Under § 3553(f), "the court shall impose a sentence pursuant to the guidelines promulgated by the United States Sentencing Commission . . . without regard to any statutory minimum sentence" when certain conditions are met. One condition is that the defendant must "not have more than 1 criminal history point, as determined under the sentencing guidelines." Id. at § 3553(f)(1). The Sentencing Guidelines in turn instruct the courts to assign "1 [criminal history] point under § 4A1.1(c) for each adult or juvenile sentence imposed within five years of the defendant's commencement of the instant offense." U.S.S.G. § 4A1.2(d)(2)(B).


Mr. McKoy first argues that his juvenile record consists only of "dispositions," not "sentences." "Under the New Jersey Code of Juvenile Justice, juveniles who are adjudicated delinquent are not sentenced but rather are subject to a 'dispositional hearing.'" United States v. Moorer, 383 F.3d 164, 169 n.3 (3d Cir. 2004) (citing N.J. Stat. Ann. § 2A:4A-41) (emphasis added). Mr. McKoy argues that under the plain language of the Sentencing Guidelines, only prior sentences bar relief under § 3553(f). See U.S.S.G. § 4A1.2(a)(1), (d)(2)(B).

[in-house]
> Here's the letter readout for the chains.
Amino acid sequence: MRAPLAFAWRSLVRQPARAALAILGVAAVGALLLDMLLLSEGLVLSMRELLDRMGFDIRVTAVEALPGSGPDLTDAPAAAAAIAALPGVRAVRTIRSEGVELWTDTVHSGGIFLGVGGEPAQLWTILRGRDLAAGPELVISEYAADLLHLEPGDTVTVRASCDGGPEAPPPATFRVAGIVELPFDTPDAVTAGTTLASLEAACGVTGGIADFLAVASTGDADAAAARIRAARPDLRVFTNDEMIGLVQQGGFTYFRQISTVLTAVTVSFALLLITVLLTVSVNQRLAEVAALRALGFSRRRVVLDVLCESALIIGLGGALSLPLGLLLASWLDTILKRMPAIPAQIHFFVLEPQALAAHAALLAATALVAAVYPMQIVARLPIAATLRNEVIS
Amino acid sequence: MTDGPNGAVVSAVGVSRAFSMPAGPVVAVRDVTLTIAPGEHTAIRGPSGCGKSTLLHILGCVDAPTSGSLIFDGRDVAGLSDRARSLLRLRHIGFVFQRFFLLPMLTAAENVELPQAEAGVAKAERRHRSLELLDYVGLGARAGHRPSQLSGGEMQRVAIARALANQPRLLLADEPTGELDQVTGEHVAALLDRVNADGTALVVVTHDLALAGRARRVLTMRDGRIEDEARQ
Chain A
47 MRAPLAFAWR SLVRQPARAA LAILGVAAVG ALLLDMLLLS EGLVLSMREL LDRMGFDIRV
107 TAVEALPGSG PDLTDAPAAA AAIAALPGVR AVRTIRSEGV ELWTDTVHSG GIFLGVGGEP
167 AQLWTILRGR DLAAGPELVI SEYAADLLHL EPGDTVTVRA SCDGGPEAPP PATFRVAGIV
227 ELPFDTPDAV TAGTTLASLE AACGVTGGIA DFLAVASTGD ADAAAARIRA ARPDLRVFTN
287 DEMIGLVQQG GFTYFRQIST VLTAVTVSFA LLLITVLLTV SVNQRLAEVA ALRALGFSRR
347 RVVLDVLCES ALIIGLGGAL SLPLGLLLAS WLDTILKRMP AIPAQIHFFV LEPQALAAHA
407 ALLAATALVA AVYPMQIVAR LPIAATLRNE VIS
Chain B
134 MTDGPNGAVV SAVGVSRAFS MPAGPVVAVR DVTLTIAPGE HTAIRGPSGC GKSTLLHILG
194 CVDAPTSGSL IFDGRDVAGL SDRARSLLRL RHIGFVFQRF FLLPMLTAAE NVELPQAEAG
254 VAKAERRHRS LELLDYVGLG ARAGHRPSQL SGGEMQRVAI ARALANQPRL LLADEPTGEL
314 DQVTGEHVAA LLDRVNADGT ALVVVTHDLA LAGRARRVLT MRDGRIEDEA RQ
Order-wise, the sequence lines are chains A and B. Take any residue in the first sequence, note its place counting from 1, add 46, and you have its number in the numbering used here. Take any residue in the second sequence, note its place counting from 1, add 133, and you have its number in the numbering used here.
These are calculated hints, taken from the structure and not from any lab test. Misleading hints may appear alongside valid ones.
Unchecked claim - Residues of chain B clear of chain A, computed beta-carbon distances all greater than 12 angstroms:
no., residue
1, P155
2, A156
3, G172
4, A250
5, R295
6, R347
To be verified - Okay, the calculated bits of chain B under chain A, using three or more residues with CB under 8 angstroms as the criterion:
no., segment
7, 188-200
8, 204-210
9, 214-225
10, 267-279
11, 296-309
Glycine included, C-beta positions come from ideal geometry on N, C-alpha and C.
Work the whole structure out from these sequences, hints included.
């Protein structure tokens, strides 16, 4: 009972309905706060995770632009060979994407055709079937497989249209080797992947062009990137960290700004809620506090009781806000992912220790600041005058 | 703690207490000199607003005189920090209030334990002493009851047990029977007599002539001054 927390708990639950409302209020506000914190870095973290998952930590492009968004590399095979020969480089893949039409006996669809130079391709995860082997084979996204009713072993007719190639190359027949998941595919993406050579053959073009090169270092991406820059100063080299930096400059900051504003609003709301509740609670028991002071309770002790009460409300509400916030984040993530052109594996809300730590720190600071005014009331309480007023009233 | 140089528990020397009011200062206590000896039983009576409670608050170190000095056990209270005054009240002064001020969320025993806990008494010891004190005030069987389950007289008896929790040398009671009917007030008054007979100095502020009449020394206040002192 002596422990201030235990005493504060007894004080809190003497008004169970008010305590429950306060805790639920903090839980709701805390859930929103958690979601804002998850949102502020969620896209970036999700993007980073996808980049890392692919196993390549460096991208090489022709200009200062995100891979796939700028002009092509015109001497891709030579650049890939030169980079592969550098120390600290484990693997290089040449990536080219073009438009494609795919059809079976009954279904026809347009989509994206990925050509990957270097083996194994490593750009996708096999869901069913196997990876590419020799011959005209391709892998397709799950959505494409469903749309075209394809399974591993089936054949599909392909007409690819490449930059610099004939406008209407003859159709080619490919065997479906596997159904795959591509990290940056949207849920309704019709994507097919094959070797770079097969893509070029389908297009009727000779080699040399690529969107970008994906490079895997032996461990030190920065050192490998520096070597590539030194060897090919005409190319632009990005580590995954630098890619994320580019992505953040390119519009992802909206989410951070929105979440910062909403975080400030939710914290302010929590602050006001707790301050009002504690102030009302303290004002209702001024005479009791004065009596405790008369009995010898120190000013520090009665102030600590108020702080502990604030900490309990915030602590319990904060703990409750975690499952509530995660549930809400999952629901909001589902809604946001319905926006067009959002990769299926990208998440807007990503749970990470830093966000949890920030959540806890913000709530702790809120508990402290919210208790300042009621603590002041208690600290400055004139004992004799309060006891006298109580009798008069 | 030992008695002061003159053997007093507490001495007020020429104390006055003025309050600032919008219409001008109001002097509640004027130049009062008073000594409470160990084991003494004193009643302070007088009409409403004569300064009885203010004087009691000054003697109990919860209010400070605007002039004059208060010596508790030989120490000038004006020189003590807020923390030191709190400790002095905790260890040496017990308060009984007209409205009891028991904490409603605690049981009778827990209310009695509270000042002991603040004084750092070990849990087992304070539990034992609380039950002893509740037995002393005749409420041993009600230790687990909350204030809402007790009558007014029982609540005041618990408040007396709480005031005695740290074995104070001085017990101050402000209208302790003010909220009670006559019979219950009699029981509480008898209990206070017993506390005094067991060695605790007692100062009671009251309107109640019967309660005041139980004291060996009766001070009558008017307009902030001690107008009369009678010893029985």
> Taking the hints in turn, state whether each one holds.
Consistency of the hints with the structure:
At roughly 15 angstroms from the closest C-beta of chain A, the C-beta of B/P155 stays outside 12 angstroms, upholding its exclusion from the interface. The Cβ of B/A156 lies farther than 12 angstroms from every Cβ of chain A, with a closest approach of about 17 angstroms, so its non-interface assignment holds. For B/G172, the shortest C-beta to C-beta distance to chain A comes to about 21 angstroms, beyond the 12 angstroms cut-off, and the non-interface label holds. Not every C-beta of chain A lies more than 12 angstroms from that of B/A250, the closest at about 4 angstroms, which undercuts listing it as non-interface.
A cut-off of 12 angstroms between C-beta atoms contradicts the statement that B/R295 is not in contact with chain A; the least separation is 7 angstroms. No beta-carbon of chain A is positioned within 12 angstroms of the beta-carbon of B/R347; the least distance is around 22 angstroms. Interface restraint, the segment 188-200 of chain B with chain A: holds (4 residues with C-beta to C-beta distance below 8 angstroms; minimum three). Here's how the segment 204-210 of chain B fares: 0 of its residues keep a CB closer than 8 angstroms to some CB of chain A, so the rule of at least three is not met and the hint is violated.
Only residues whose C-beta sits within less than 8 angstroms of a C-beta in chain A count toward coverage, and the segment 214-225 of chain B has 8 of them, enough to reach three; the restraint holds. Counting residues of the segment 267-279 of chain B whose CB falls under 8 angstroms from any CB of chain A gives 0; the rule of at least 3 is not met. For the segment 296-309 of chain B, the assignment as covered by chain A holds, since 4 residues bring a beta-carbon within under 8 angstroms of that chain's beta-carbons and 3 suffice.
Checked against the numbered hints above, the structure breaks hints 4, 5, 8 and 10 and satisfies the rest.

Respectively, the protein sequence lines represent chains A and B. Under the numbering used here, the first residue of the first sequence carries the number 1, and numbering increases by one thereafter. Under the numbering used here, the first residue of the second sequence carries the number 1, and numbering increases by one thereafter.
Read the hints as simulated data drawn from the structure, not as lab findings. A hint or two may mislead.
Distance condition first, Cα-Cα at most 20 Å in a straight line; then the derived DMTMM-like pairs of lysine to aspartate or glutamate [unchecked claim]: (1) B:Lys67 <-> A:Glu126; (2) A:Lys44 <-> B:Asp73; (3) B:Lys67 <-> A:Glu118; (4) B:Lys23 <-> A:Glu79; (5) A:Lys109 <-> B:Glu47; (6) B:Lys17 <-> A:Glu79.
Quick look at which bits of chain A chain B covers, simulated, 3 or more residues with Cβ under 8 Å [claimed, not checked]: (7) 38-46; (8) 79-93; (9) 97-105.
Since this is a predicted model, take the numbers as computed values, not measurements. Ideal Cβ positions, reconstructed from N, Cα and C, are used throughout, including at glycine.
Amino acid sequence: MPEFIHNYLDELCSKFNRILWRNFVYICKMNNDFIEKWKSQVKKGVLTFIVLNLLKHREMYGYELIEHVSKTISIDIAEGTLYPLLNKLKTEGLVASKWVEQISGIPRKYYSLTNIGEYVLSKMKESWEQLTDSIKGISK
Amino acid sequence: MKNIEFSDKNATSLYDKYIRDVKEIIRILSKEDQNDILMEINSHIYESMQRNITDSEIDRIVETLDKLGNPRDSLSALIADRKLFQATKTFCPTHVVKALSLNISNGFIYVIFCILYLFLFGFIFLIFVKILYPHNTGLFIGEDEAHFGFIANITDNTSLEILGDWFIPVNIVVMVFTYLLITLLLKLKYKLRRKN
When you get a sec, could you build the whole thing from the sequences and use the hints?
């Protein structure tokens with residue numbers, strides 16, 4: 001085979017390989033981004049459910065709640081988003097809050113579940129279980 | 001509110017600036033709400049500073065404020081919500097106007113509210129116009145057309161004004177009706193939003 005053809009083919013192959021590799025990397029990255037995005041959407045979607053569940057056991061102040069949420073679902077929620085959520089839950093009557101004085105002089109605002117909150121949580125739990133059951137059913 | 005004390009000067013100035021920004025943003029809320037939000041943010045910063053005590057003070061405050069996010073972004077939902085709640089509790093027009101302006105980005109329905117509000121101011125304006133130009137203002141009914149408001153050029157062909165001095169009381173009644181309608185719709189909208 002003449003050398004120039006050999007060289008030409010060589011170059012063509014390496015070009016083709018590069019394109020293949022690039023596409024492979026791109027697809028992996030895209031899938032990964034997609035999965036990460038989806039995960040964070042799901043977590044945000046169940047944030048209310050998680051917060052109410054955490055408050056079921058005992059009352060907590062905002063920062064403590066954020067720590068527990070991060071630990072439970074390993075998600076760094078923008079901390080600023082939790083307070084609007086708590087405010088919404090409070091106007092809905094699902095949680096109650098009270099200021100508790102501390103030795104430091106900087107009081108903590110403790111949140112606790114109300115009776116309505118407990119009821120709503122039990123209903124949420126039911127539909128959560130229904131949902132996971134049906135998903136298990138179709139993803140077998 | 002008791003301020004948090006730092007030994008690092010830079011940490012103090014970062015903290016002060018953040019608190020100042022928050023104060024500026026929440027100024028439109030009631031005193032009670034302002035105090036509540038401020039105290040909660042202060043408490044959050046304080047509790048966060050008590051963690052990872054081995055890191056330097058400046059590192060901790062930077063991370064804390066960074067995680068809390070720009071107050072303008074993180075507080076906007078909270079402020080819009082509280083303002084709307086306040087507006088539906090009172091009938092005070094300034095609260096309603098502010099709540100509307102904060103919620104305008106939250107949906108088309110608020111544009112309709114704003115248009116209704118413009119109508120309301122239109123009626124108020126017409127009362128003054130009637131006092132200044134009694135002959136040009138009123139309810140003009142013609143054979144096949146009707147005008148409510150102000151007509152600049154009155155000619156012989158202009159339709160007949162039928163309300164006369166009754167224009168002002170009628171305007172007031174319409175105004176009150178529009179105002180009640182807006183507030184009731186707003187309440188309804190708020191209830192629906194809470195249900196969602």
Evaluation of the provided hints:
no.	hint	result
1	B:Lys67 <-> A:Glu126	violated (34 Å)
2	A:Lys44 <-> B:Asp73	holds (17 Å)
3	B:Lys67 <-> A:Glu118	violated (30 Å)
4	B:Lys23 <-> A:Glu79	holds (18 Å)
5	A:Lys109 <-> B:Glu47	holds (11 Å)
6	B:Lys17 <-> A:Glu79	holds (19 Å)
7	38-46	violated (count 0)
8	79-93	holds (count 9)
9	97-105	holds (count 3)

Mr. McKoy's argument is flawed because it relies on state law terminology. In determining what constitutes a "prior sentence" under the Sentencing Guidelines, courts must look to federal, not state law. See, e.g., United States v. Morgan, 390 F.3d 1072, 1074 (8th Cir. 2004); United States v. Williams, 176 F.3d 301, 311 (6th Cir. 1999); United States v. Gray, 177 F.3d 86, 93 (1st Cir. 1999).

This Court held in United States v. Bucaro, 898 F.2d 368 (3d Cir. 1990), that a defendant's Pennsylvania state adjudications of juvenile delinquency may be used to calculate his sentencing range under the Sentencing Guidelines, even though "Pennsylvania does treat an adjudication of juvenile delinquency differently from a criminal conviction." Id. at 370, 372. Similarly, in Williams, 176 F.3d at 301, the defendant argued that "his juvenile convictions should not have been counted toward his total criminal history score under the Sentencing Guidelines because Ohio law does not consider these violations to be 'convictions' or 'sentences.'" Id. at 311. The Sixth Circuit reasoned that federal, not state law, governs how a juvenile adjudication is treated. It held that "[r]egardless of how [the defendant's] offenses of assault and manslaughter are categorized under Ohio law, they are considered sentences under federal law." Id.; see also United States v. Kirby, 893 F.2d 867, 868 (6th Cir. 1990) (per curiam) (same).